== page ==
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Well the server creates the entity, assigns it an ID, creates and attaches all the components, and sets all the data values depending on the variables passed to the factory function. It can easily set up whatever event hooks it needs to, either in the factory function or the calling code itself. At the end of the factory function, it creates a packet with the needed data and sends it to the clients. On the client side, during startup, the factory functions are registered in a dictionary that translates the entityType ID into a function call. When a packet with that entityType ID is received, the function is called, which then reads the packet and runs most of the same factory code the server just ran using the values read from the packet.

So if I were to make a separate factory + packet for every single entity and all its "functional variations", then the client would indeed have all the info it needs. But that seems like a less-than-ideal design to me. With the way the system is currently, the calling code on the client side won't even have access to the entity. Using "shoot bullet" as an example action: client side, the code for that action would just say "create some smoke particles at the barrel" and maybe play an animation. Server side, the same action creates a bullet entity, so it can hook up events there if it wanted.

So in essence: the client calling code doesn't have access to the entity because it's waiting for the server, and the client factory code doesn't know anything about "exploding arrows", it only knows how to create an "arrow"
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I would add some packets that allow you to make an entity from the ground up if needed. Things like an add component packet and such. Then you could create the arrow and then just add the exploding effect as a component.


Sorry, somehow I completely missed this post.

That's something I've considered but still wouldn't deal with the event hooking situation. Suppose there's some entity that fires 3 events: OnSpawned, OnAttacked, OnAttack. If I want to make entity A self destruct whenever it gets hit and entity B self destruct on spawn, how would I communicate where the "explosion component" should attach itself?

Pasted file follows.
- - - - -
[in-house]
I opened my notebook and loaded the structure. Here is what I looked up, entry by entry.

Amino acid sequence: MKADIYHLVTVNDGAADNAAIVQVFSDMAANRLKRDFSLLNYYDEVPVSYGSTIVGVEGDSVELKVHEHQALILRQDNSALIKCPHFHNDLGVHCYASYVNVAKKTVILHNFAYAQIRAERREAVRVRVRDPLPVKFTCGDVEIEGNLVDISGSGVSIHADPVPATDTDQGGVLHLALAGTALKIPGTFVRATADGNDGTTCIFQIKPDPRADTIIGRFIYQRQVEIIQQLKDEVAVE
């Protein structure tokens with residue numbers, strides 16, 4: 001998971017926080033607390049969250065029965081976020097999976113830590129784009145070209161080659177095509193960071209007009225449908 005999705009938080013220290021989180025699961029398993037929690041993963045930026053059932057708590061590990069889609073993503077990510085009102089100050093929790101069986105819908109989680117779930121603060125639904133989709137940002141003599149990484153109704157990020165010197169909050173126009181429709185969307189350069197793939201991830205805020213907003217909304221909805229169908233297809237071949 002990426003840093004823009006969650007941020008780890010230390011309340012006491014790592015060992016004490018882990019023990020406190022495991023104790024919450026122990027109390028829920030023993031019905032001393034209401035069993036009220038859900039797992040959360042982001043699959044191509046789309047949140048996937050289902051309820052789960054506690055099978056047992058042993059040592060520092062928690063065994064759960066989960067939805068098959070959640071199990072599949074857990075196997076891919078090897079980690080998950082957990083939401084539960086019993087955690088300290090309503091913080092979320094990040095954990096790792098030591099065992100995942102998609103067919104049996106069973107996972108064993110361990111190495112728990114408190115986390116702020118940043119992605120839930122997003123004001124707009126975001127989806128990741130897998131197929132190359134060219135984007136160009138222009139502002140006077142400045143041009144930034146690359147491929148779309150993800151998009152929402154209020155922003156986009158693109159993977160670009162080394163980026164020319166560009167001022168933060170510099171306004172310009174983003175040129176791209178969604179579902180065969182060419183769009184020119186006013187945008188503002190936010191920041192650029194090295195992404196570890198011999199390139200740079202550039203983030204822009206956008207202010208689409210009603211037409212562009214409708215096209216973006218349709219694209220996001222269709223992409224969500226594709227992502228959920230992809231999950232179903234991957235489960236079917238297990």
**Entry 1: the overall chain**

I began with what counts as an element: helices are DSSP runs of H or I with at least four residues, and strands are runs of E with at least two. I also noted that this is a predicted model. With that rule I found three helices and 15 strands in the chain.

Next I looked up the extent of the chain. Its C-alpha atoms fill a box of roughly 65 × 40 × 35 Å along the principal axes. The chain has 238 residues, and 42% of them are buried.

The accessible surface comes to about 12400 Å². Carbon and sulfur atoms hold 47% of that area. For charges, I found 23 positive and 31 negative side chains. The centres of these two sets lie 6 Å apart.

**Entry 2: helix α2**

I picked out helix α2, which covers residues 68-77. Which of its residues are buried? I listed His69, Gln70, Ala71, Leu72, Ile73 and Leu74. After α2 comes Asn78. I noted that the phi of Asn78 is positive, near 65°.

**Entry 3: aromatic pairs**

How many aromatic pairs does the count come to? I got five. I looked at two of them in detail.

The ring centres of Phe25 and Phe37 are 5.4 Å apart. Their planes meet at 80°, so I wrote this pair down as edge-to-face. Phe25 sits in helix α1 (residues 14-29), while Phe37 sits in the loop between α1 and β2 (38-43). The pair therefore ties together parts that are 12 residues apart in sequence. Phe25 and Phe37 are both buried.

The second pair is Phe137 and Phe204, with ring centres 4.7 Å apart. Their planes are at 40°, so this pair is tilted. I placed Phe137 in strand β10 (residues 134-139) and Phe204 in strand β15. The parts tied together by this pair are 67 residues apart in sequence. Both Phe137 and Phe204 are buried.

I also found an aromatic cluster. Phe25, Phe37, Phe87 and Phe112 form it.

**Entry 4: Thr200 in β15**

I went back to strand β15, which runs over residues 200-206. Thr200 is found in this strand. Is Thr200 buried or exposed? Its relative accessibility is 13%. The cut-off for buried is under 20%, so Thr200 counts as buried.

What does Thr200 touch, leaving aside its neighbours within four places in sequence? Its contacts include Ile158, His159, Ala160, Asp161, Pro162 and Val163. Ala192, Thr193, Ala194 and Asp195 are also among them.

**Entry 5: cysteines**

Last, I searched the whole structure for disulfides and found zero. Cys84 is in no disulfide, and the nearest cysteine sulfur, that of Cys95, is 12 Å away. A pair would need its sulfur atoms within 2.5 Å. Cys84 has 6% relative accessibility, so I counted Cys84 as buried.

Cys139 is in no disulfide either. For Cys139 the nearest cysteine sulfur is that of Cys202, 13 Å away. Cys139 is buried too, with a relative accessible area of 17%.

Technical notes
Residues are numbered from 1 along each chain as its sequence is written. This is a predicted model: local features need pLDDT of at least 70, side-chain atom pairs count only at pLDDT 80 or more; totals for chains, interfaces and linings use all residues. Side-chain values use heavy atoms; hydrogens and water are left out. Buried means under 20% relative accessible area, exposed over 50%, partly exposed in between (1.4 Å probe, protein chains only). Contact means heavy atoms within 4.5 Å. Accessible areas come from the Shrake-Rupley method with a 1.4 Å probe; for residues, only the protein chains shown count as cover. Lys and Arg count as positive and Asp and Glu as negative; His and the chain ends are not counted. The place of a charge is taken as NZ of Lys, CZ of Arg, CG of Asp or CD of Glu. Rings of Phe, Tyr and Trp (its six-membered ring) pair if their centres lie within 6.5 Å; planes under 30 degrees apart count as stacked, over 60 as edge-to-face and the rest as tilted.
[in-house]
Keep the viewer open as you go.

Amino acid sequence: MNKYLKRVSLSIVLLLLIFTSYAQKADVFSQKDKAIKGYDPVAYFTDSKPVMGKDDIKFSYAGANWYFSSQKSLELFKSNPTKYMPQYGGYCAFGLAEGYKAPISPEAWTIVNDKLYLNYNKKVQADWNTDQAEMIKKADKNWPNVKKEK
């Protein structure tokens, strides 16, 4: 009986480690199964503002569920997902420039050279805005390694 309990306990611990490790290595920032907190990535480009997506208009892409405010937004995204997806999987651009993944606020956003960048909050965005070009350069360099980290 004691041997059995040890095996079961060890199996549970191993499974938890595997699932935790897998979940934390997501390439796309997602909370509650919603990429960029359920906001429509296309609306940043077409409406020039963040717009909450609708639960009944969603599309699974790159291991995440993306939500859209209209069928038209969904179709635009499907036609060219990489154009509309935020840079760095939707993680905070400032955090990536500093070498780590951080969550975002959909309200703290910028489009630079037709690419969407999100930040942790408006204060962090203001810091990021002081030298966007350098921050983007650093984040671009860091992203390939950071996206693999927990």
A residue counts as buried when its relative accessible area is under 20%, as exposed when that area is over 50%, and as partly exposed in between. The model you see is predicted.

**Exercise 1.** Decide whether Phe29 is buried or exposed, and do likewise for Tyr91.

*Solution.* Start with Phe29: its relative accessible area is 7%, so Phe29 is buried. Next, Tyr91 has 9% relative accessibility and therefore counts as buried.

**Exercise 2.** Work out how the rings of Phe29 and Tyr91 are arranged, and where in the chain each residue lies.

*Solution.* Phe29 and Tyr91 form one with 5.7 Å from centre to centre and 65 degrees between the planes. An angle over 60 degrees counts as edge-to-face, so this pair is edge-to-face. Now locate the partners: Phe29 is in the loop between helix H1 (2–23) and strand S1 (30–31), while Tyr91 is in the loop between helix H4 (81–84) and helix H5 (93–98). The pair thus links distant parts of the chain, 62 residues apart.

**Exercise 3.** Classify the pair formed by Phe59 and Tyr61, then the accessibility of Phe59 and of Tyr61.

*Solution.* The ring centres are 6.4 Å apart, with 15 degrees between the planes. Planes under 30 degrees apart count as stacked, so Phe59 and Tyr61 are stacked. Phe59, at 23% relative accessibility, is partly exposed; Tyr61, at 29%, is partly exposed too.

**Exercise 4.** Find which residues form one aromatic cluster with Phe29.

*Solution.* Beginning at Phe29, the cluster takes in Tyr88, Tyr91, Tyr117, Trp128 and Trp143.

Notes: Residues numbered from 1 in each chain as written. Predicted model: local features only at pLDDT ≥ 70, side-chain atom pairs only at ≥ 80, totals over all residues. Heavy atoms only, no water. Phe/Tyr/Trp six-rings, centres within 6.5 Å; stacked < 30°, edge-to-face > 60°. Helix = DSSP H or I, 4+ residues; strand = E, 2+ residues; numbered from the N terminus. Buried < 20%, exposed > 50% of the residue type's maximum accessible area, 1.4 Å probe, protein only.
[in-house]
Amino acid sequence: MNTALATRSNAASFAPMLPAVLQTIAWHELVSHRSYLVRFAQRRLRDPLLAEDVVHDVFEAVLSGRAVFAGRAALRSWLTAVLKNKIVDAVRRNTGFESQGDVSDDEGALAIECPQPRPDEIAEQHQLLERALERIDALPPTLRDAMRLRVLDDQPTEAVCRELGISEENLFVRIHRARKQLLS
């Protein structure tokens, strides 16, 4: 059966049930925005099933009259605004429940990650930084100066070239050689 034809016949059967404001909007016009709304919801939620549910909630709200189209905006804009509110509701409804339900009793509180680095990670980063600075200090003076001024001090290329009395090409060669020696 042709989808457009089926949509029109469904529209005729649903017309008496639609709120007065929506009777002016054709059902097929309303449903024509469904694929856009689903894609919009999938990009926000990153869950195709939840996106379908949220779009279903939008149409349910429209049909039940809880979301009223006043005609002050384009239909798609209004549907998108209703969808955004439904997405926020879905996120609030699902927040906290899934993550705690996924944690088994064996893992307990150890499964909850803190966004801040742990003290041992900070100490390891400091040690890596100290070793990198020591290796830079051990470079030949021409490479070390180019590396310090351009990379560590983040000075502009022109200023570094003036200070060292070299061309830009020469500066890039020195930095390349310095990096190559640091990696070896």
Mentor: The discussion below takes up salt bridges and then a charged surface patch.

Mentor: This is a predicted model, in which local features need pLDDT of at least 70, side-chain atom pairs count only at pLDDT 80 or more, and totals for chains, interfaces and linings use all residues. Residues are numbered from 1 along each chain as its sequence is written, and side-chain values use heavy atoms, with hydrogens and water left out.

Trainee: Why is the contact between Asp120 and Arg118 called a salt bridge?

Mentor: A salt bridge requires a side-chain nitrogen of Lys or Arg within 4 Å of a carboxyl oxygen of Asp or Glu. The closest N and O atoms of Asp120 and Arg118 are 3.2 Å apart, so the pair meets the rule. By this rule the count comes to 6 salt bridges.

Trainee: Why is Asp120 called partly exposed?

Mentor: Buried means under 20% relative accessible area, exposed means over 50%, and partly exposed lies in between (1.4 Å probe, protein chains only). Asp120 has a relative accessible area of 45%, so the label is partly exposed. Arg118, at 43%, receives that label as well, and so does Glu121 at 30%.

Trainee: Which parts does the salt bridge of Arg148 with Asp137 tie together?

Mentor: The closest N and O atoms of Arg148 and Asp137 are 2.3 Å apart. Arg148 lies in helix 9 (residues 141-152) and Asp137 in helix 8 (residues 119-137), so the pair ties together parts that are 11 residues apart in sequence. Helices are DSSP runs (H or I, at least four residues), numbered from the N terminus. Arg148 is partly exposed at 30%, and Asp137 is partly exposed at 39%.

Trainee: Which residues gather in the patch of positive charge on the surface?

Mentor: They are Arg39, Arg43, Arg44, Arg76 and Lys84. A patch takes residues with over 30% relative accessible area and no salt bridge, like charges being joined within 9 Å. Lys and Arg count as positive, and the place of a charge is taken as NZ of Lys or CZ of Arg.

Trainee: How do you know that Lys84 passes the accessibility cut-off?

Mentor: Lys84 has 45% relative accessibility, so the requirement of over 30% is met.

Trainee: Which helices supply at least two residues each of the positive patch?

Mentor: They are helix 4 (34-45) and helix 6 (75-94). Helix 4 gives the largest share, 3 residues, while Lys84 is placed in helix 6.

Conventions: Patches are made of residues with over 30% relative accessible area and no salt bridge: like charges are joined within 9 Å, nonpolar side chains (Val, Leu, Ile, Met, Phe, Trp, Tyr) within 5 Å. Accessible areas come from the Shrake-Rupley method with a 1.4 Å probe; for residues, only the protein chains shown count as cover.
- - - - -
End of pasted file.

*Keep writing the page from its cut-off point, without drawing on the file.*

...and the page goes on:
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creates and attaches all the components


Why can't the client run the same code?

Or, to put a little more structure into my suggestion:

- There are two ways that configured objects can be created in most game engines.
- One is through a specific code path, where everything is hard coded.
- The other is through a generic code path, that loads some "data description" of entities/components/parameters.

Now, make sure that the client and server both have copies of the same code, and the same data.
To create an entity from a data configuration blob, you just need the instruction "create object given data blob 2873." This is trivial to send through the network, too, and it allows designers to edit data blobs separate from the code, so this is generally preferred.
To create an entity procedurally, you have some code that does that. This code needs to be available on both client and server, and some reference to the code needs to be sent from server to client. You can, for example, use some kind of look-up table from some identifier to an actual function to run, and send the identifier across in the message.
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Send needed info. Simple. xD


And what info do you send in order to hook up events?

 

 

... the fact that it's explicitly an *exploding* arrow... Your code does the rest.

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The client does run the same code, but that code is just the "create arrow" code. It doesn't include the exploding part.

I've started separating the packets and factories, so I can have subtype entities reuse the same packet layout. It seems I'll have to require that any functionally-different entity has it's own set of factory methods though. Thanks for the help.